The reason that you can't really compare V02max in athletes in different sports is because sports involving more muscle groups working aerobically will naturally use more oxygen. For example, a long distance runner or cyclist uses their arms at a much lower percentage of their local aerobic ability than a cross-country skier, while the legs in all of those athletes are taxed to the max aerobic ability - so the difference in V02max is obvious.

    A lot of the info on V02max also happens to be based on continuous movement endurance sports. For stop and go sports like badminton and squash, it is much harder to quantify the energy systems needs because many movements are anaerobic, with the aerobic system acting as more of a supportive energy system.

    Note that in the article by Omosegaard about PEHL's physical training tests, his V02max went down between 1988 and 1992. The reason? He previously spent too much time focusing on this ability and his overall playing ability was improved by redistributing his training to other areas.
     
  16. twobeer

    twobeer Regular Member

    Joined:
    Dec 5, 2003
    Messages:
    4,000
    Likes Received:
    11
    Occupation:
    computer
    Location:
    Sweden
    My assumption is that badminton puts far more anaerobic demands, due to the explosive jumps, launches etc, on the player compared to squash (which possably put a greater aerobic demand, due to the longer rallies).

    Hence my belief that its "harder" to excel in badminton as you have to optimize both for anaerobic and aerobic excercise, in squash I think you can focus more on the aerobic training, and less on the anaerobic parts.

    /T
     
  17. cooler

    cooler Regular Member

    Joined:
    Apr 25, 2002
    Messages:
    22,050
    Likes Received:
    13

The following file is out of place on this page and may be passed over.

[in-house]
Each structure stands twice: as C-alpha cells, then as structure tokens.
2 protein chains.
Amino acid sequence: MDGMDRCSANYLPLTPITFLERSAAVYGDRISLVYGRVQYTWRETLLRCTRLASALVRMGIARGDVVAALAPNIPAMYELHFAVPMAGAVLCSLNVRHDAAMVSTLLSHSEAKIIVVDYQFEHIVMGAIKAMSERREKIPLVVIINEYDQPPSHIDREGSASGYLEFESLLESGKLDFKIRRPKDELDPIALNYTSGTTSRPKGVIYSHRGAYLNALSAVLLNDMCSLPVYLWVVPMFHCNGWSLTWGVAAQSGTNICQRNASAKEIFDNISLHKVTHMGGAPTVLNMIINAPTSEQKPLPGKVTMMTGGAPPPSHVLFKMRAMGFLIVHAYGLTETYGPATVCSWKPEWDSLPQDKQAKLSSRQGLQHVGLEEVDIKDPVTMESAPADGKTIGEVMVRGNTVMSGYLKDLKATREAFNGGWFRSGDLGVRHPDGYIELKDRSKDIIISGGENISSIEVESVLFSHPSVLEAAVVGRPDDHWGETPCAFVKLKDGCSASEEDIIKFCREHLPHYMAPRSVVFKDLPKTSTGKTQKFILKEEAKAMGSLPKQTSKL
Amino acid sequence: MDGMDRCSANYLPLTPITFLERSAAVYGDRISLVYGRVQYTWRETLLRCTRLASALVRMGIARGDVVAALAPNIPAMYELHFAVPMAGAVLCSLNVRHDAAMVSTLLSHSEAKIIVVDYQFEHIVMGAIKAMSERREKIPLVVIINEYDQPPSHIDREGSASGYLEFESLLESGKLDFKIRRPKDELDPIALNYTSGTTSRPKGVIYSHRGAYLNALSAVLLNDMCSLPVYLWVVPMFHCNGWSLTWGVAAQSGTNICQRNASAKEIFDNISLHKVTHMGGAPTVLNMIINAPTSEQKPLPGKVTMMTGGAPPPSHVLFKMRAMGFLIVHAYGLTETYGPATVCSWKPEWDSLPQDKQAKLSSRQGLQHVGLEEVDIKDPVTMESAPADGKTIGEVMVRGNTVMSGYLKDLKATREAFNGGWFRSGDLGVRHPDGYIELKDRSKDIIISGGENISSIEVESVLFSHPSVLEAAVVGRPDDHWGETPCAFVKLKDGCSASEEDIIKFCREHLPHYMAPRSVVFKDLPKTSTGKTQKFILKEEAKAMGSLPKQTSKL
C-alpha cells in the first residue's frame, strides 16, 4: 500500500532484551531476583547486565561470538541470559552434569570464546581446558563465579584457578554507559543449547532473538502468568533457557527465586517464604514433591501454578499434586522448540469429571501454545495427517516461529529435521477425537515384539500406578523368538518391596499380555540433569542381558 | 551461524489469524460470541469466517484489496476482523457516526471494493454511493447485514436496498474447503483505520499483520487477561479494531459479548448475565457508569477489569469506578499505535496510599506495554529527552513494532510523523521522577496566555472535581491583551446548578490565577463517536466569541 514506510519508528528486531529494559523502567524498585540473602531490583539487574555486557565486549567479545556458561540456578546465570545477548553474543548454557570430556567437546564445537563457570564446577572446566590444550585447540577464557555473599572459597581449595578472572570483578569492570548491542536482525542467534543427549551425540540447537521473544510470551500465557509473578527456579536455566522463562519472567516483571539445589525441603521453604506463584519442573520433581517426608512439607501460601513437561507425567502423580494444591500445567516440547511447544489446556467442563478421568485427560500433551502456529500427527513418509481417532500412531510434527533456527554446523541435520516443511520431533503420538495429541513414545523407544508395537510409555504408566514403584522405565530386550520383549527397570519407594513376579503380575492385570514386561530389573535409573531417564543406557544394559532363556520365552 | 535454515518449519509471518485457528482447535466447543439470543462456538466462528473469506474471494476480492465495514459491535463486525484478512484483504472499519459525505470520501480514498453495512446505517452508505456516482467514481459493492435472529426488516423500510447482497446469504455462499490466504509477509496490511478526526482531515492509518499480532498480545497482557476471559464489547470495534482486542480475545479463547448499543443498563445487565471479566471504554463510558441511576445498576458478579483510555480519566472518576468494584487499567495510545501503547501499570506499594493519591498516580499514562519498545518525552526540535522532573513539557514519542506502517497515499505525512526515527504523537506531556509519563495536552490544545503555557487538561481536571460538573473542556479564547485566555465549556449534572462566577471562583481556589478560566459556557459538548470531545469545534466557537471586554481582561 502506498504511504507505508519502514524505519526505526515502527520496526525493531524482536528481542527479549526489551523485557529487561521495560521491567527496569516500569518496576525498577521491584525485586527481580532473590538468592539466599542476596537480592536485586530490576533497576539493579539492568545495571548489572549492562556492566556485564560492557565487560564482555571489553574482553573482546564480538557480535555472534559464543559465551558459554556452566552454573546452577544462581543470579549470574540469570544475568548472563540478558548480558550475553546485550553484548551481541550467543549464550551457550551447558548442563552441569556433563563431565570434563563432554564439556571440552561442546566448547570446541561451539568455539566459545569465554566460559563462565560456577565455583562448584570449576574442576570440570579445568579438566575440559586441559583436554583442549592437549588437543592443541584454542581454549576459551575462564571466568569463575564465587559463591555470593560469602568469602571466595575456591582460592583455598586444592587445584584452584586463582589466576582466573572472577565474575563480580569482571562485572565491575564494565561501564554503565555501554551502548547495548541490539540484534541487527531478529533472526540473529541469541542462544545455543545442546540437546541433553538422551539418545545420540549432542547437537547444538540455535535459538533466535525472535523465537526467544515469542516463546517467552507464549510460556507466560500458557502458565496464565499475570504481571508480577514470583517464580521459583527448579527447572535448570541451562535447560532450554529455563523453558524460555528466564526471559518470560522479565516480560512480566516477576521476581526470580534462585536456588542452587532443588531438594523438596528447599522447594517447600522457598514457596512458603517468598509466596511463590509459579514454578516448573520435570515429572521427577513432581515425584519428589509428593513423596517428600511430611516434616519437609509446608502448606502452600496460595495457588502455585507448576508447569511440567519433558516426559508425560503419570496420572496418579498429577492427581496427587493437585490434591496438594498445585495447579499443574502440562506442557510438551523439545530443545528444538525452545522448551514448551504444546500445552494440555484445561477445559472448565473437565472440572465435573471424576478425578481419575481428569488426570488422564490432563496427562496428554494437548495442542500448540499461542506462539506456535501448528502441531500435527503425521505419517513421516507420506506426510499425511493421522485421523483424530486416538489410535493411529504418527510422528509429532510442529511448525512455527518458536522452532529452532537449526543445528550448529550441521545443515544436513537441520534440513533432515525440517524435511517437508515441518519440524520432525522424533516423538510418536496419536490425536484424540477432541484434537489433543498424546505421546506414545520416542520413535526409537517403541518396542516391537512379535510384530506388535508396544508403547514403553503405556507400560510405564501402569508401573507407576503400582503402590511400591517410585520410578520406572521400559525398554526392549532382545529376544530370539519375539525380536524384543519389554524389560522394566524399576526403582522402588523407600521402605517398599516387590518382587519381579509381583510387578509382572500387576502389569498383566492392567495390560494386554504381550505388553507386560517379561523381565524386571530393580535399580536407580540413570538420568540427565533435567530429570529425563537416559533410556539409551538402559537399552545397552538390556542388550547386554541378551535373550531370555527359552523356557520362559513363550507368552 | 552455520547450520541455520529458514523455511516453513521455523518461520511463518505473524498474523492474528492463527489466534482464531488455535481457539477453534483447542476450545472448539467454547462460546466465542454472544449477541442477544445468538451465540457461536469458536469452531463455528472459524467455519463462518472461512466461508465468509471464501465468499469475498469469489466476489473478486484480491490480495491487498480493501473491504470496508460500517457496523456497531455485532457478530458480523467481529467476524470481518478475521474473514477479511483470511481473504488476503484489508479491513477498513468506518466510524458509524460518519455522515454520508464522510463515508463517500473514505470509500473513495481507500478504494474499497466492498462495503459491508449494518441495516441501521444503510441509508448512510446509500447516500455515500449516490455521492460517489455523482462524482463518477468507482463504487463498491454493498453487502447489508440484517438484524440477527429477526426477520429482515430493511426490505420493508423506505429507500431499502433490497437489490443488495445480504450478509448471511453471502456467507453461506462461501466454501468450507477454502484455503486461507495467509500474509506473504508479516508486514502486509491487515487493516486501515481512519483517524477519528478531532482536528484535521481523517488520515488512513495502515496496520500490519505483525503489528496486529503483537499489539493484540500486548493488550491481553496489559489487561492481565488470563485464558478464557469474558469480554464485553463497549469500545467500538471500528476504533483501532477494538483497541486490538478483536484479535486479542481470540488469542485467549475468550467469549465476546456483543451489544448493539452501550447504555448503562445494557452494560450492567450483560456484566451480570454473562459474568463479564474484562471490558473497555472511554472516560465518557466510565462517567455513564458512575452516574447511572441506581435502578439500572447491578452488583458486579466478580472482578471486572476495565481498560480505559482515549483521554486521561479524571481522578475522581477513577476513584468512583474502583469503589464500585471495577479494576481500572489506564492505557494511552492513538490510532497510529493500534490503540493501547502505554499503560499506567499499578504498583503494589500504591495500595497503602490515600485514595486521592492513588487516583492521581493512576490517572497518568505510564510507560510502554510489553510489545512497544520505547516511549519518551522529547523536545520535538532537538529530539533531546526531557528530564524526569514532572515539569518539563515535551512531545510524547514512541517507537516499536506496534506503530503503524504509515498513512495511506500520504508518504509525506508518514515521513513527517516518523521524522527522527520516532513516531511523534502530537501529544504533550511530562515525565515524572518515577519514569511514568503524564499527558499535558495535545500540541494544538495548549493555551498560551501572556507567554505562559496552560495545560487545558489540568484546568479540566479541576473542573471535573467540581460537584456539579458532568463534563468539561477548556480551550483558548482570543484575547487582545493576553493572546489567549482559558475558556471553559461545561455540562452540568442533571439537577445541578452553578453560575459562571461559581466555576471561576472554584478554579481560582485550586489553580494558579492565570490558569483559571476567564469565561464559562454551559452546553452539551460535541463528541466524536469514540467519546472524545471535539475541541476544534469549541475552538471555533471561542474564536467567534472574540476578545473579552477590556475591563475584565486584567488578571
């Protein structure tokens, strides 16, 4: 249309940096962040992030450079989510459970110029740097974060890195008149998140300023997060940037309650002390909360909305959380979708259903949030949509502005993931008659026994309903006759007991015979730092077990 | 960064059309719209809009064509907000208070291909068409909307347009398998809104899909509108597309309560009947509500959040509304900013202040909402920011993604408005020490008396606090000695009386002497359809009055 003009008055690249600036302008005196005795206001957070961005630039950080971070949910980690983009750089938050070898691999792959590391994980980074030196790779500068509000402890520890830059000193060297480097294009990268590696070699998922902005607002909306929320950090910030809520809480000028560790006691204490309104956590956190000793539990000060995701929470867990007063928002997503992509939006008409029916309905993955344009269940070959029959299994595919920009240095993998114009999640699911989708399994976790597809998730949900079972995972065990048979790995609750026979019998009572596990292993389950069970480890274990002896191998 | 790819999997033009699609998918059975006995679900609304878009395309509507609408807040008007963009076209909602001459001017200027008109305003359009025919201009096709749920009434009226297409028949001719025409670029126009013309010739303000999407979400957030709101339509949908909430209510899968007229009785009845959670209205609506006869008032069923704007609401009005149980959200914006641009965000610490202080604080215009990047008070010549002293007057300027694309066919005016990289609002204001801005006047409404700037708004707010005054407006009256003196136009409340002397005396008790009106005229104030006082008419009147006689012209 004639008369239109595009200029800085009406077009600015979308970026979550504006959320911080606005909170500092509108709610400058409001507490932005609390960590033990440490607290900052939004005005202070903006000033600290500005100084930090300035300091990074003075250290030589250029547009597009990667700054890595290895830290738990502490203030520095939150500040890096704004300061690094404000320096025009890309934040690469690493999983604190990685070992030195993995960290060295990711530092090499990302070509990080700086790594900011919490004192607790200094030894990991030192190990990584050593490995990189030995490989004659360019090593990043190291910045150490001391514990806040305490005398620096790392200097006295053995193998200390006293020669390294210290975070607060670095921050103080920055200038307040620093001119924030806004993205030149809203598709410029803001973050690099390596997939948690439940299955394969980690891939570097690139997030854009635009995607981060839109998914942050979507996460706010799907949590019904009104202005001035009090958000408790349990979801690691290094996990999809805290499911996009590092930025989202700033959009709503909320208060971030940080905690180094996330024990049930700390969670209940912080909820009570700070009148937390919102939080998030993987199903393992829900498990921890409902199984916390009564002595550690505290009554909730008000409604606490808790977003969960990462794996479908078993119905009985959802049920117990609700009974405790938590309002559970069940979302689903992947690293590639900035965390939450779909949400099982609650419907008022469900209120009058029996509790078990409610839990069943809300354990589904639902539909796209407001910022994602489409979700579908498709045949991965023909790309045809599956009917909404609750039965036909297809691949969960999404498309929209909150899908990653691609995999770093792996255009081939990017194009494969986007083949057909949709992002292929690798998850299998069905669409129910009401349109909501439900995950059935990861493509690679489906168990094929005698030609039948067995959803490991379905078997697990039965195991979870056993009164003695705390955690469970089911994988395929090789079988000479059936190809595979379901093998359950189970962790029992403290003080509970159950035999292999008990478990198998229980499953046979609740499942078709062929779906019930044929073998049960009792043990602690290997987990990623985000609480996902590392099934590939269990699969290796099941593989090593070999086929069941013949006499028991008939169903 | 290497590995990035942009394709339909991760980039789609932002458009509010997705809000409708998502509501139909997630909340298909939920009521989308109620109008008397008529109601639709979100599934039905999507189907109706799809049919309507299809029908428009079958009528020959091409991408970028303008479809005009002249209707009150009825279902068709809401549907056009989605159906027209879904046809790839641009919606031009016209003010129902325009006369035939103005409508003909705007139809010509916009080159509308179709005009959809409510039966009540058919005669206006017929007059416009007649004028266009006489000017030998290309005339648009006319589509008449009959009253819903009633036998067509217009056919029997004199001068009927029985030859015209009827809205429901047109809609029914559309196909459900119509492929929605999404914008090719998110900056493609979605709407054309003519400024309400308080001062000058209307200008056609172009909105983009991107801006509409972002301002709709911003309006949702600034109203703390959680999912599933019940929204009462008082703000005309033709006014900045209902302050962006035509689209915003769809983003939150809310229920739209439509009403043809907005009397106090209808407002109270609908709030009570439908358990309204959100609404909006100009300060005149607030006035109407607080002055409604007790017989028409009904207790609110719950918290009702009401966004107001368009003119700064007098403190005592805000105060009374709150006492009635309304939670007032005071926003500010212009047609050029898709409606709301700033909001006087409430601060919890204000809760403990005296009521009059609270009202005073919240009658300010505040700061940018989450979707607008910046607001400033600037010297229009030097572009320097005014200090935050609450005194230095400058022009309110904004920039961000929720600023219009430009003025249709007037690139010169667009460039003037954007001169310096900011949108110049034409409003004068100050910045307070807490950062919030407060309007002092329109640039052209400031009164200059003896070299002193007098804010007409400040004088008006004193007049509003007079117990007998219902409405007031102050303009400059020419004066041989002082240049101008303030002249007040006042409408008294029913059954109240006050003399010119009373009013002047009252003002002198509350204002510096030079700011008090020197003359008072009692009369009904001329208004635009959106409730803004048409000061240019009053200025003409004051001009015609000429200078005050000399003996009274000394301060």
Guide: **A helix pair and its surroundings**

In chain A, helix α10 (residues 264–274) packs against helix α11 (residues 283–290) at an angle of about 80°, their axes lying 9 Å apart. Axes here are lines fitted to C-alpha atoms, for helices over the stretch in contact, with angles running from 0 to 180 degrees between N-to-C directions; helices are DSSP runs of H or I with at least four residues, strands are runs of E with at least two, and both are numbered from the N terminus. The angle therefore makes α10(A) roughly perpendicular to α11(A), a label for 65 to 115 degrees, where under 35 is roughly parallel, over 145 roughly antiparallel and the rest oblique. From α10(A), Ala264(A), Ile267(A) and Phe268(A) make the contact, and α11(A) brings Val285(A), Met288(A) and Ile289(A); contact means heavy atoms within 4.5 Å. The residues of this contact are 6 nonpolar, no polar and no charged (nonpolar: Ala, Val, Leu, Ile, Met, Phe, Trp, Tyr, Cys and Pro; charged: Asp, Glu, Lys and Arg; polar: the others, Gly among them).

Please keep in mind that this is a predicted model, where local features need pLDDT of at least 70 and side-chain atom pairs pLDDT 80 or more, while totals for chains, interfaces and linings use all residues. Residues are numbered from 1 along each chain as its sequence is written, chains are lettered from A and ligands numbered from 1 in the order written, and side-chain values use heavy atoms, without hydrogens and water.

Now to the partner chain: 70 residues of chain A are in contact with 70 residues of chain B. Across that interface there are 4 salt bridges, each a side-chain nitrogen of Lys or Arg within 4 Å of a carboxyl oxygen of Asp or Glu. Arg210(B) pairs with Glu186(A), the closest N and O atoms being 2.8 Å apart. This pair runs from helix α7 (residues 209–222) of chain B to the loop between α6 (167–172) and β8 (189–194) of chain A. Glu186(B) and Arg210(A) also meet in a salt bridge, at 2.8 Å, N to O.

Occupation:
    Surfing, reading fan mails:D, Dilithium Crystal hu
    Location:
    Basement Boiler Room
    i dunno all the squash type shoes but if u want proof which sports are more demanding, look the 2 links in this thread. LOL
    http://www.badmintoncentral.com/forums/showthread.php?p=489095&posted=1#post489095
     
  18. nisse

    nisse New Member

    Joined:
    Apr 5, 2012
    Messages:
    1
    Likes Received:
    0
    Location:
    EU
    Very interesting discussion. One can play both sports at a very intense level and during the longest rallies you can reach your maximum heart rate. In general, squash rallies tend to last longer (as per studies done on racquet game rally lengths). Here some interesting information regarding different racquet games and about their intensity:
    http://www.researchgate.net/publica...ison_of_heart_rate_responses_in_racquet_games

    My personal observations come from using heart rate monitor for 4 years now while playing and excercising, also during competitive squash and badminton games. I play both squash and badminton pretty much at the same level when comparing my own skill level and those of my opponents (approx. national level B). Throughout the those years, with squash I tend to regularly go above 1000 calories burned over an hour whereas badminton burns ca. 800 calories. However, with very intensive game of badminton I have reached up +1k calories burned and hear rate peaking at maximum (202bpm, just if you are interested comparing the calories, my weight is between 82-84kg).

    This is just to give some idea how my body reacts to these amazing and entertaining racquet games. In the end, what makes the one or the other "tougher" really boils down to your own skill level in the game. Badminton is easier to start with but once you develop your game, squash enables you to withhold longer rallies.

    These are just my few pennies for the topic.
     
  19. Tadashi

    Tadashi Regular Member

    Joined:
    Feb 10, 2012
    Messages:
    162
    Likes Received:
    0
    Occupation:
    AE278BB6CBB7487C0FF7AE706177CDE2E45AC583 is my dig
    Location:
    Germany
    This table is from Liverpool John Moores University's scientist MacLaren (1998: p. 43):

    Kilojoule per minute estimate


    LO HI -- the racket sport
    ==================
    29 46 -- badminton
    29 42 -- table tennis
    29 46 -- tennis
    42 76 -- squash
     
    #59 Tadashi, Apr 5, 2012
    Last edited: Apr 5, 2012
  20. thumpsky

    thumpsky Regular Member

    Joined:
    Jul 18, 2011
    Messages:
    377
    Likes Received:
    0
    Occupation:
    Student
    Location:
    Vancouver
    what stops your squash opponent from hitting the ball and making it bounce directly back at them and not getting out of your way to retrieve it? seems like an easy thing to exploit.
     

Share This Page